From there, the process is pretty straight forward. There is a pretty long walk to the first entry point (just on the other side of railroad tracks). Case in point: in one of the photos below a gentleman is riding a bike with his fishing gear.
I am assuming he was going clear to the other end, which would make the bike might sense.
At this point, it is just a matter of finding a spot that looks good to you. The first few spots are usually passable simply become the water is covered in algae. As you start to walk further back, however, plenty of good spots open up for Lake Ontelaunee fishing.
Fishing Lake Ontelaunee: The Gear I Use
Depending on my location and the weather/water, I have a couple different gear setups that I use to find success at Lake Ontelaunee.
For my rod/reel combo, I always use one of the following:
- One-piece, lightweight, graphite composite frame and side-plates
- Eight premium double-shielded stainless steel bearing System
- Zero-Reverse one-way stainless steel clutch bearing
- 7 Bearing System - Corrosion resistant stainless steel ball bearings
- Aluminum Spool - Lightweight, durable, aluminum spool design
- Aluminum Spool - Lightweight, durable, spool design
- I-M6 Graphite - Mid-modulus graphite blank construction, lightweight sensitivity
The Lews baitcaster combo might be my favorite rod ever. Unlike other baitcasters I have owned, I have never had backlash on it. I’ve even tried on purpose and the sucker is basically idiot proof.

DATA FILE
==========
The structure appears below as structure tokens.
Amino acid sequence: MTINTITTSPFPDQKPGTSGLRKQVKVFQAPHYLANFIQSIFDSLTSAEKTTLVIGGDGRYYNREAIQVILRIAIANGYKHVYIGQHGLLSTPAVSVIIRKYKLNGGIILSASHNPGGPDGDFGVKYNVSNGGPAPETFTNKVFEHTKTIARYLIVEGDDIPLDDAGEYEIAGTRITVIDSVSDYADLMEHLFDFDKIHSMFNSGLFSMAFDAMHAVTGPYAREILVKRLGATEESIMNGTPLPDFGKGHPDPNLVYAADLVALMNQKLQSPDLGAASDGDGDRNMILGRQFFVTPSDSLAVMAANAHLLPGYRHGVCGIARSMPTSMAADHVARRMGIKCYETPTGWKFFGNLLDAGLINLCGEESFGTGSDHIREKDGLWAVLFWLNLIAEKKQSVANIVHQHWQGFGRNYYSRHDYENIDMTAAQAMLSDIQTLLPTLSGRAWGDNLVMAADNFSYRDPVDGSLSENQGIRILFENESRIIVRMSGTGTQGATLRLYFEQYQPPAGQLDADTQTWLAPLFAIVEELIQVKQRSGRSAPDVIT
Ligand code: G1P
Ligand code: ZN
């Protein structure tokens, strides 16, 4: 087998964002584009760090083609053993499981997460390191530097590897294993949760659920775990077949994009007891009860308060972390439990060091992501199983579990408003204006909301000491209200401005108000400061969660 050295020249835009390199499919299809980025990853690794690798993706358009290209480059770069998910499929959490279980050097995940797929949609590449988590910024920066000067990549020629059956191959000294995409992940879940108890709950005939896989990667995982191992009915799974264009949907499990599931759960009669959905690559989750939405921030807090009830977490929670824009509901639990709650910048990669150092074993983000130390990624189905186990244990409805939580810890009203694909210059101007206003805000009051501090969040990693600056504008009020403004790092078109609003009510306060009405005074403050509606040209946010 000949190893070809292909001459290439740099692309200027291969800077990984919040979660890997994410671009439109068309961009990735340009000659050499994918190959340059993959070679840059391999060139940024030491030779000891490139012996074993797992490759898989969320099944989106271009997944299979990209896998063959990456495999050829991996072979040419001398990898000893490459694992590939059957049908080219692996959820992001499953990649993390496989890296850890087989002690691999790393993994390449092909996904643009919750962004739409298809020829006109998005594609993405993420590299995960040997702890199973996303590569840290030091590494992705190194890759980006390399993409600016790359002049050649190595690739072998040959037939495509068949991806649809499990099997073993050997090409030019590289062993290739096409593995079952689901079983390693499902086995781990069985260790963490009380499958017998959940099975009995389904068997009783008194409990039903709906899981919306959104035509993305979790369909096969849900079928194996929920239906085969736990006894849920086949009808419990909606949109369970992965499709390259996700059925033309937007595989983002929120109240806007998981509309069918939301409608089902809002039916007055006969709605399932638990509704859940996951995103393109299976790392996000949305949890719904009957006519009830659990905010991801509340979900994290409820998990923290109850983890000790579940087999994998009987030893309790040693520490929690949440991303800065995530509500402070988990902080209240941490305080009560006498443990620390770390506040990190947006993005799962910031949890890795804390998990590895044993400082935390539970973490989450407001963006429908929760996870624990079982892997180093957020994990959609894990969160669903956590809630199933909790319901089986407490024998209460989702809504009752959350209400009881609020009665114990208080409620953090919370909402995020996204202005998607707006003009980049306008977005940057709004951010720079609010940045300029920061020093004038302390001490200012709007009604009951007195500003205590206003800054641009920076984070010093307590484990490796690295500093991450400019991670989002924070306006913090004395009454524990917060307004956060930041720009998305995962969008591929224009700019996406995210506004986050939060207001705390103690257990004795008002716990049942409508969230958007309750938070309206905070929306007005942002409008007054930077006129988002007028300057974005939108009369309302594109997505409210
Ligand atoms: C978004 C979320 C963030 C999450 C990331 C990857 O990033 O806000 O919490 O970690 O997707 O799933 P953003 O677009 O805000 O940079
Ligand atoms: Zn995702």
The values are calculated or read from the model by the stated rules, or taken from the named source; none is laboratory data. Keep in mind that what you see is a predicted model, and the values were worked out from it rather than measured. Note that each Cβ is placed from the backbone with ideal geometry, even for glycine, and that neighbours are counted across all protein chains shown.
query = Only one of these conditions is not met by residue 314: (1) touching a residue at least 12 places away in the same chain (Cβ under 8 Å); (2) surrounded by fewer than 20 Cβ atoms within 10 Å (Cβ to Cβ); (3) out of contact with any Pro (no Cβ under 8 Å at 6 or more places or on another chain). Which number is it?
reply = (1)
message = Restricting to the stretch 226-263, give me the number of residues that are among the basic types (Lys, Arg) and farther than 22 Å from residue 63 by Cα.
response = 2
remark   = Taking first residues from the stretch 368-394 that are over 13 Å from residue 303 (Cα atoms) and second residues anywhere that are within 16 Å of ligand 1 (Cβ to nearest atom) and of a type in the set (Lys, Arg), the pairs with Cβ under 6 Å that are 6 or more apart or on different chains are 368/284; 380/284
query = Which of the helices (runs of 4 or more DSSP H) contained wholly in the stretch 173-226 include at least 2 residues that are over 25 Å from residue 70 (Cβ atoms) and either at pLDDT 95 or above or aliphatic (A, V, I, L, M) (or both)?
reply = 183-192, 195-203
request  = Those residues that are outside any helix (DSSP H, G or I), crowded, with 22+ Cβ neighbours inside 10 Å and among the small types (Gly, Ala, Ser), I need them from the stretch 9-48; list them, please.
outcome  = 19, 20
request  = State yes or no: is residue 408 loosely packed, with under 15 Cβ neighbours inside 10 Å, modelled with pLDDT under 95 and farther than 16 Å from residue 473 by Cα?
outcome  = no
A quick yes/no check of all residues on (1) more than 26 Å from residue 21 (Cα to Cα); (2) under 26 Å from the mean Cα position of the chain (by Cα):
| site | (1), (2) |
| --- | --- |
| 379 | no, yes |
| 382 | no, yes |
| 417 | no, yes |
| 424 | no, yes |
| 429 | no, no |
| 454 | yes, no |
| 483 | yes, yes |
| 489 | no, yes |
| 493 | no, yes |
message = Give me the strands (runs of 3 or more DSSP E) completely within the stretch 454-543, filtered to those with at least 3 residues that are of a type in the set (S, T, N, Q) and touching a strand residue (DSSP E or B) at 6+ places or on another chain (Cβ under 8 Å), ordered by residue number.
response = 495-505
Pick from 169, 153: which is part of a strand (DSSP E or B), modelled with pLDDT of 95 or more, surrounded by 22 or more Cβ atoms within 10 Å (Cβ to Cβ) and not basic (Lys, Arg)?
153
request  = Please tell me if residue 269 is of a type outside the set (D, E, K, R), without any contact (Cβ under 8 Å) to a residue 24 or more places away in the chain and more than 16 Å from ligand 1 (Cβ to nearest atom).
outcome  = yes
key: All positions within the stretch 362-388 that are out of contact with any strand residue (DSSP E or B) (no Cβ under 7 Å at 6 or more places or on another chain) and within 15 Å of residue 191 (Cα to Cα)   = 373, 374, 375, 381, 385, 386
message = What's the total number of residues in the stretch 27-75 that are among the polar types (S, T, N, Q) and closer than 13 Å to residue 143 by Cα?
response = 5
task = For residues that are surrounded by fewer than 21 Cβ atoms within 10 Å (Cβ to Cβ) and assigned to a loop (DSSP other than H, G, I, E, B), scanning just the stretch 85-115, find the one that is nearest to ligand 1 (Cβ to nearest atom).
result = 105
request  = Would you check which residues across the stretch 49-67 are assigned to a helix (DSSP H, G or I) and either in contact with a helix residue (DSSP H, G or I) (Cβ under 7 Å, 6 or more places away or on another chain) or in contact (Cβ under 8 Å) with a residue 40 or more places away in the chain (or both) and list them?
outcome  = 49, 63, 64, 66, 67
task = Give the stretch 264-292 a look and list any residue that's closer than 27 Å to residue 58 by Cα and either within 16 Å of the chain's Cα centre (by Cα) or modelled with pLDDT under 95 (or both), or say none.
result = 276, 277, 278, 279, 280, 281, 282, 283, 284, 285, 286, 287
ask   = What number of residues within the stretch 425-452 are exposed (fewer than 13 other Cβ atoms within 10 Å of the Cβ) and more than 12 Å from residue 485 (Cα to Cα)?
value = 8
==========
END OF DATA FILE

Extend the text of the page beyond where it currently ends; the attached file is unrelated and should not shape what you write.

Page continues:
Plus: it has the smoothest cast I’ve ever had. I can seriously throw my lure easily 3-times further than with my spinning reel.
The Pflueger Trion is a rod/reel I have owned for years. It is trusty and extremely durable. I typically switch to this on days where the bite is light because I can feel every little nudge and bite from fish on this thing.
For my lures, I run through most of the following on any trip depending on circumstances:
- Likelike profile
- Movement imitates escaping baitfish to entice bites
- Molded to Dart and glide smoothly through water
- Versatile bait can be fished around shallow cover or in open water
- Solid brass bodies
- Spinner blades are silver or gold plated, copper, or polished brass
- Beads are hand-turned on a lathe to resist chipping and cracking
- Flexible vinyl decals are silk screed with UV inks to resist fading
- The Multi-sections allow the bait to swim like a real fish
- Type: Fishing Lures
- Material: ABS
- Length: Approx. 10cm / 4in, Weight: Approx. 20g / 0.70oz
- Balsa Wood Construction. Size 1.5 inch
- Natural Minnow Profile.
- VMC Black Nickel Hooks.
- Available In Classic & Bleeding Patterns.
- Screw-Lock bait keeper secures soft plastics and swimbaits/paddletails in place.
- Package includes ten (10) swimbait hooks and ten (10) Bait Pegs. Bait Pegs keep your bait securely pegged on your hook, preventing you from needing to constantly adjust plastics that keep...
- Chemically sharpened Razor Series hook point and extra-tough tempered hook shank combine for the ultimate swimbait hook.
- Perfect for Soft Plastic Swim Baits like Zoom Super Flukes, Yamamoto, Strike King, Yum, Z-Man, etc.
Fishing at Lake Ontelaunee: Conclusion
As is the case with bass fishing anywhere, the characteristics of Lake Ontelaunee change with the seasons. I have found that the pre-spawn period is rather slow on the lake compared to other places in Berks County, but that changes throughout the summer when the bass seek some the shallower water during morning and evening hours.
That said: a little bit of research, exploring, and patience can go a long way in you landing a monster bass at the second-largest lake in the county.